Can a person sue over a check where a stop payment was placed?

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Can a person sue over a check where a stop payment was placed?

In May, we wrote a check to a friend for $500 – as a loan – as the check also memo’s. We were contacted by his family and asked not to loan him any money, as he has become a severe alcoholic. On their advise, we put a stop payment on the check within 2 days. He eventually found someone to cash the check for him. That person is threatening to sue us, unless we compensate him the funds he lost. He states that we are only able to put a stop payment on a check in the event that it was stolen or fraudulent etc. He should be seeking compensation from the guy who received the funds not us.

Asked on September 21, 2010 under Bankruptcy Law, Utah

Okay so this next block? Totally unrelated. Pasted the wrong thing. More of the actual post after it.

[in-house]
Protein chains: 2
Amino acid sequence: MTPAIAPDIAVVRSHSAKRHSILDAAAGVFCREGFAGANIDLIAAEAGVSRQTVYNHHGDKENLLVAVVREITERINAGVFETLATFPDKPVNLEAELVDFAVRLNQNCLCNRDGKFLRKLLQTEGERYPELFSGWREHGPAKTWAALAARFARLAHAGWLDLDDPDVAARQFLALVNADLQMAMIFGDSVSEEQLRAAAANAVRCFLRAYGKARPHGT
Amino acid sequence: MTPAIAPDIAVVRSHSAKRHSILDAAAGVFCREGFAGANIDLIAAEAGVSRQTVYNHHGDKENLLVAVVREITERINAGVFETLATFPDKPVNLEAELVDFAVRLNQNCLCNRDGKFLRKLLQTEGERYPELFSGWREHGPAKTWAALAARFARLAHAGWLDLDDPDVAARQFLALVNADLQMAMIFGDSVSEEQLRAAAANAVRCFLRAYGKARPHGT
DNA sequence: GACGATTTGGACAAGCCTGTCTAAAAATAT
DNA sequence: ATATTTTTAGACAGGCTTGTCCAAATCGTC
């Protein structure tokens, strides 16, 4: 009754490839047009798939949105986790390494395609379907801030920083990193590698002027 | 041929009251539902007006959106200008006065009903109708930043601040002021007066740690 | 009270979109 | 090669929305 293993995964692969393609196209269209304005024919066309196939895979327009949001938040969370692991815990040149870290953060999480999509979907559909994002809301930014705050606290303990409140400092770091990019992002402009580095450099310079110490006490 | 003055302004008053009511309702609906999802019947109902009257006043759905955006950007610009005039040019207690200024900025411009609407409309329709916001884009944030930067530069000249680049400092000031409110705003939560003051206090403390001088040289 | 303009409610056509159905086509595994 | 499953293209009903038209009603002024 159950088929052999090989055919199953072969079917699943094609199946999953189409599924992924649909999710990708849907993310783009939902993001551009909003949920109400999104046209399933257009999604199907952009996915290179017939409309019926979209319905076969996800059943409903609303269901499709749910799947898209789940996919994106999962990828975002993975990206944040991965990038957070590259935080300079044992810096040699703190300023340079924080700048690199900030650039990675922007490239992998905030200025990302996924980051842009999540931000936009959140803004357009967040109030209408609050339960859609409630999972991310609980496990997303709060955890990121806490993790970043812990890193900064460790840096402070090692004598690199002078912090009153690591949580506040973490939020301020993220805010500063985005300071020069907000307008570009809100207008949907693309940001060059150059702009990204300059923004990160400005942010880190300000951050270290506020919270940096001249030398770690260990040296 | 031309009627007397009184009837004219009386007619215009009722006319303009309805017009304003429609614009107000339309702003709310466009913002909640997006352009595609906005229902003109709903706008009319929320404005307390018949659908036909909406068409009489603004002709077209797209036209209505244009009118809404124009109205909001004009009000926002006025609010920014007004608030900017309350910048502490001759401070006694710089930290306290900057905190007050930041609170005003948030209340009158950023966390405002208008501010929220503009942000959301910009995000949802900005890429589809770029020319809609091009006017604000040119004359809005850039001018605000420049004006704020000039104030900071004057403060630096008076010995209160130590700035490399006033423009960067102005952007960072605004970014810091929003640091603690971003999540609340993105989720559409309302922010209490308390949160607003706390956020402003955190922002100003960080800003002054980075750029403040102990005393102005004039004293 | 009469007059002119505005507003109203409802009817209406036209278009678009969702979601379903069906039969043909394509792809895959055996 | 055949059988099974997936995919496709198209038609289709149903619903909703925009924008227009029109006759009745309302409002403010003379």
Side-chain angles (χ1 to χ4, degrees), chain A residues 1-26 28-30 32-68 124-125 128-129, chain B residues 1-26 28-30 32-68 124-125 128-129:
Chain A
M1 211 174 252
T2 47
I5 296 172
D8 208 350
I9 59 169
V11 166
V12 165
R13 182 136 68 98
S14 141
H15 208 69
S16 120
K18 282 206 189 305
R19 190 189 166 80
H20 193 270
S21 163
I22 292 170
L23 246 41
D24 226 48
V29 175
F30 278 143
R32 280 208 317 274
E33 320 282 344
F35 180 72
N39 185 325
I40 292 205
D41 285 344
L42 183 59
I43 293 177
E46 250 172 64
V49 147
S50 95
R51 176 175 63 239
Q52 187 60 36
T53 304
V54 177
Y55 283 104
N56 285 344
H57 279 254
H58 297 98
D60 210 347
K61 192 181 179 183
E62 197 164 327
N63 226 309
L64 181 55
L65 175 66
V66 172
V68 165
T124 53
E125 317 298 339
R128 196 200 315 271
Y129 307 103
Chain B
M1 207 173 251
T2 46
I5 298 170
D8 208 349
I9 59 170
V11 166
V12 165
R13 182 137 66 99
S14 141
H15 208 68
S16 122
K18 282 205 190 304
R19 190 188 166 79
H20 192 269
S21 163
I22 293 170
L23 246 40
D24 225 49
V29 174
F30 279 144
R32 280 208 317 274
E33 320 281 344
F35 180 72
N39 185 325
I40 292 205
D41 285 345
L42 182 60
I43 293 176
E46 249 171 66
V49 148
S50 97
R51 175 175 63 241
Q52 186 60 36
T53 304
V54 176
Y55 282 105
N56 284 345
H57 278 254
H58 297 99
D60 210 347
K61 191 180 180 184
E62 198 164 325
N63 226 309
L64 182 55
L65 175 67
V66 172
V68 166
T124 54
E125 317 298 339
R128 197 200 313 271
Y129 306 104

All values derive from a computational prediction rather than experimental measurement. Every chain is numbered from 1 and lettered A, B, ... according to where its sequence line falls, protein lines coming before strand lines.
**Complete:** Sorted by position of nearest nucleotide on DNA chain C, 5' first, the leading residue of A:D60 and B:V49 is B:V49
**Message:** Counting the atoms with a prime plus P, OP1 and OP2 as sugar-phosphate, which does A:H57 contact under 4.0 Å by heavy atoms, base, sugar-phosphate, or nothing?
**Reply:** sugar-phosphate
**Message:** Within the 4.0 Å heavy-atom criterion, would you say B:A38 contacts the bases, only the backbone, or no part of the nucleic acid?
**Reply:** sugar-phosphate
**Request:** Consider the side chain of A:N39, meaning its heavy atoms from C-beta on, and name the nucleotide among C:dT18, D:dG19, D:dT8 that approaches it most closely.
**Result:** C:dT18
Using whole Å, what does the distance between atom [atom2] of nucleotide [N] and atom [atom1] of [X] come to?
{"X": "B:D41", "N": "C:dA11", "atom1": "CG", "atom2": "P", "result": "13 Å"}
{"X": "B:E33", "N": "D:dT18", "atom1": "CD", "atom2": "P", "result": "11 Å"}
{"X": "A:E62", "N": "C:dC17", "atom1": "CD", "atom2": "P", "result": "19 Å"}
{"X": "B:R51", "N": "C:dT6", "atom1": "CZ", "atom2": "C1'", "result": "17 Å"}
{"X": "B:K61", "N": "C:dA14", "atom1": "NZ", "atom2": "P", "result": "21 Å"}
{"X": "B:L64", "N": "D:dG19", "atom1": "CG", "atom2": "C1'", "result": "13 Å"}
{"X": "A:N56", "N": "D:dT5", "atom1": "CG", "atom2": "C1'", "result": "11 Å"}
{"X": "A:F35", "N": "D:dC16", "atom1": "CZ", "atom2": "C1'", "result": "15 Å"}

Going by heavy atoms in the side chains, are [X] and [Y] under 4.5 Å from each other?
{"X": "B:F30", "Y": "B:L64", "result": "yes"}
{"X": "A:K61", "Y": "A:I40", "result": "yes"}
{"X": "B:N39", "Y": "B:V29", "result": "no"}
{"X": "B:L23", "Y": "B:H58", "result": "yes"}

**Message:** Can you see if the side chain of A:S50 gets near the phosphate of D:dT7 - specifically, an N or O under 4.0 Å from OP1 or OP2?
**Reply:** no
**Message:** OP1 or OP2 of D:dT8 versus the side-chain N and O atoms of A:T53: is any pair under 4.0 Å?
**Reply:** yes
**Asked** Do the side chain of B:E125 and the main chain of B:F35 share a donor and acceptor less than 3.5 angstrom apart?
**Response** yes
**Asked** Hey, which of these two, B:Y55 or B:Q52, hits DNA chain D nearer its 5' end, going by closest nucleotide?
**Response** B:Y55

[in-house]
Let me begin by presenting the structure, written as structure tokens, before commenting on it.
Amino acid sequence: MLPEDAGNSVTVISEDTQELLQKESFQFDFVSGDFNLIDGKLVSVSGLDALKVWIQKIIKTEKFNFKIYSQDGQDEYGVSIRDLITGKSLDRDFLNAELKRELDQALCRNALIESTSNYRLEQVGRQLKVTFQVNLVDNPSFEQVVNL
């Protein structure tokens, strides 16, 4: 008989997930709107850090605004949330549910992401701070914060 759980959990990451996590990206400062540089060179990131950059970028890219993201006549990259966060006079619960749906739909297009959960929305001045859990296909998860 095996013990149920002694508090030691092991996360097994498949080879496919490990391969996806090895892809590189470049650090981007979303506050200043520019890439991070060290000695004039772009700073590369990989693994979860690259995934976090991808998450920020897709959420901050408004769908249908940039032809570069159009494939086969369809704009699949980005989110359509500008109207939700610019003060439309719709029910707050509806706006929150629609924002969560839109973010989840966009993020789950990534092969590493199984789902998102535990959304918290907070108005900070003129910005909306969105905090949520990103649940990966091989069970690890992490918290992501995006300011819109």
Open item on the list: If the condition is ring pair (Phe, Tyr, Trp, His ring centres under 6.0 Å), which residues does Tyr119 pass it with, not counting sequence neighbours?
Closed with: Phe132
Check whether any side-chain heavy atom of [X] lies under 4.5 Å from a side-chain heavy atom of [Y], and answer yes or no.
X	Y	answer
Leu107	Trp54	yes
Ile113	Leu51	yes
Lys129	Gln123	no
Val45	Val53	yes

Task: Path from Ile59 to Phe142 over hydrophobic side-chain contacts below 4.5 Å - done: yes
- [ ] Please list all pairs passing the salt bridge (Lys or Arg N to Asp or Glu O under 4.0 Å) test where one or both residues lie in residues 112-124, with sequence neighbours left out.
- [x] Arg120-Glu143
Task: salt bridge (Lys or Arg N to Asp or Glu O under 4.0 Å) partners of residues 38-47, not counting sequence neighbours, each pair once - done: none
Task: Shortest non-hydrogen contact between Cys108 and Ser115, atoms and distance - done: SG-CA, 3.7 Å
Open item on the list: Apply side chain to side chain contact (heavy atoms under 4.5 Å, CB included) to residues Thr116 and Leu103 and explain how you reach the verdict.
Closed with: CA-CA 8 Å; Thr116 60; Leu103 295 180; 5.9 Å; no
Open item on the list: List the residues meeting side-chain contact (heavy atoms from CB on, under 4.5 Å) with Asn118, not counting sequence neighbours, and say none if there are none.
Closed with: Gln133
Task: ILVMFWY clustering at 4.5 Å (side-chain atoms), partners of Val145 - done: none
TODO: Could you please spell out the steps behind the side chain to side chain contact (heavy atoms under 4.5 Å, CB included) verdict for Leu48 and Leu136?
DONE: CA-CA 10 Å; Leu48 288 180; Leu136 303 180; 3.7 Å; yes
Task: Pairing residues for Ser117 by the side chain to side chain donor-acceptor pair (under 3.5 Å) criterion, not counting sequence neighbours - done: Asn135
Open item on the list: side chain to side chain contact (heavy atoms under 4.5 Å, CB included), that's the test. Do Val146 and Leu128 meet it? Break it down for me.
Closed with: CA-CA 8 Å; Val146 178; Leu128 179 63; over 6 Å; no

Answers:

MD, Member, California Bar / FreeAdvice Contributing Attorney

Answered 11 years ago | Contributor

Stop payment laws in each state differ but the bottom line is those laws concern individuals who essentially to pay for items with checks and either have no intention of paying at all or know that are insufficient funds in the account.  In your situation, you are loaning your money with the intention of it being paid back (arguments may differ in a gift situation).  When you found out from the recipient's family that the money would be used for less than honorable intentions, you had every right prior to acceptance by the individual (I would argue prior to cashing) that you intended to stop payment.  Did your bank receive your request to stop payment prior to the check actually being cashed? If so, and your funds have not been returned to you, I would file a complaint against your bank with the agency who regulates it.  In terms of the person who cashed it, if that person had it cashed fraudulently, you can find out by looking at the back of the cancelled check on who cashed it and file a complaint with the attorney general in your state.  Your contract extended to only the recipient in this situation.  You did not envision this person attempting to cash it with a third party.  Even if you did envision this scenario, the check casher should be suing the borrower, not you. 


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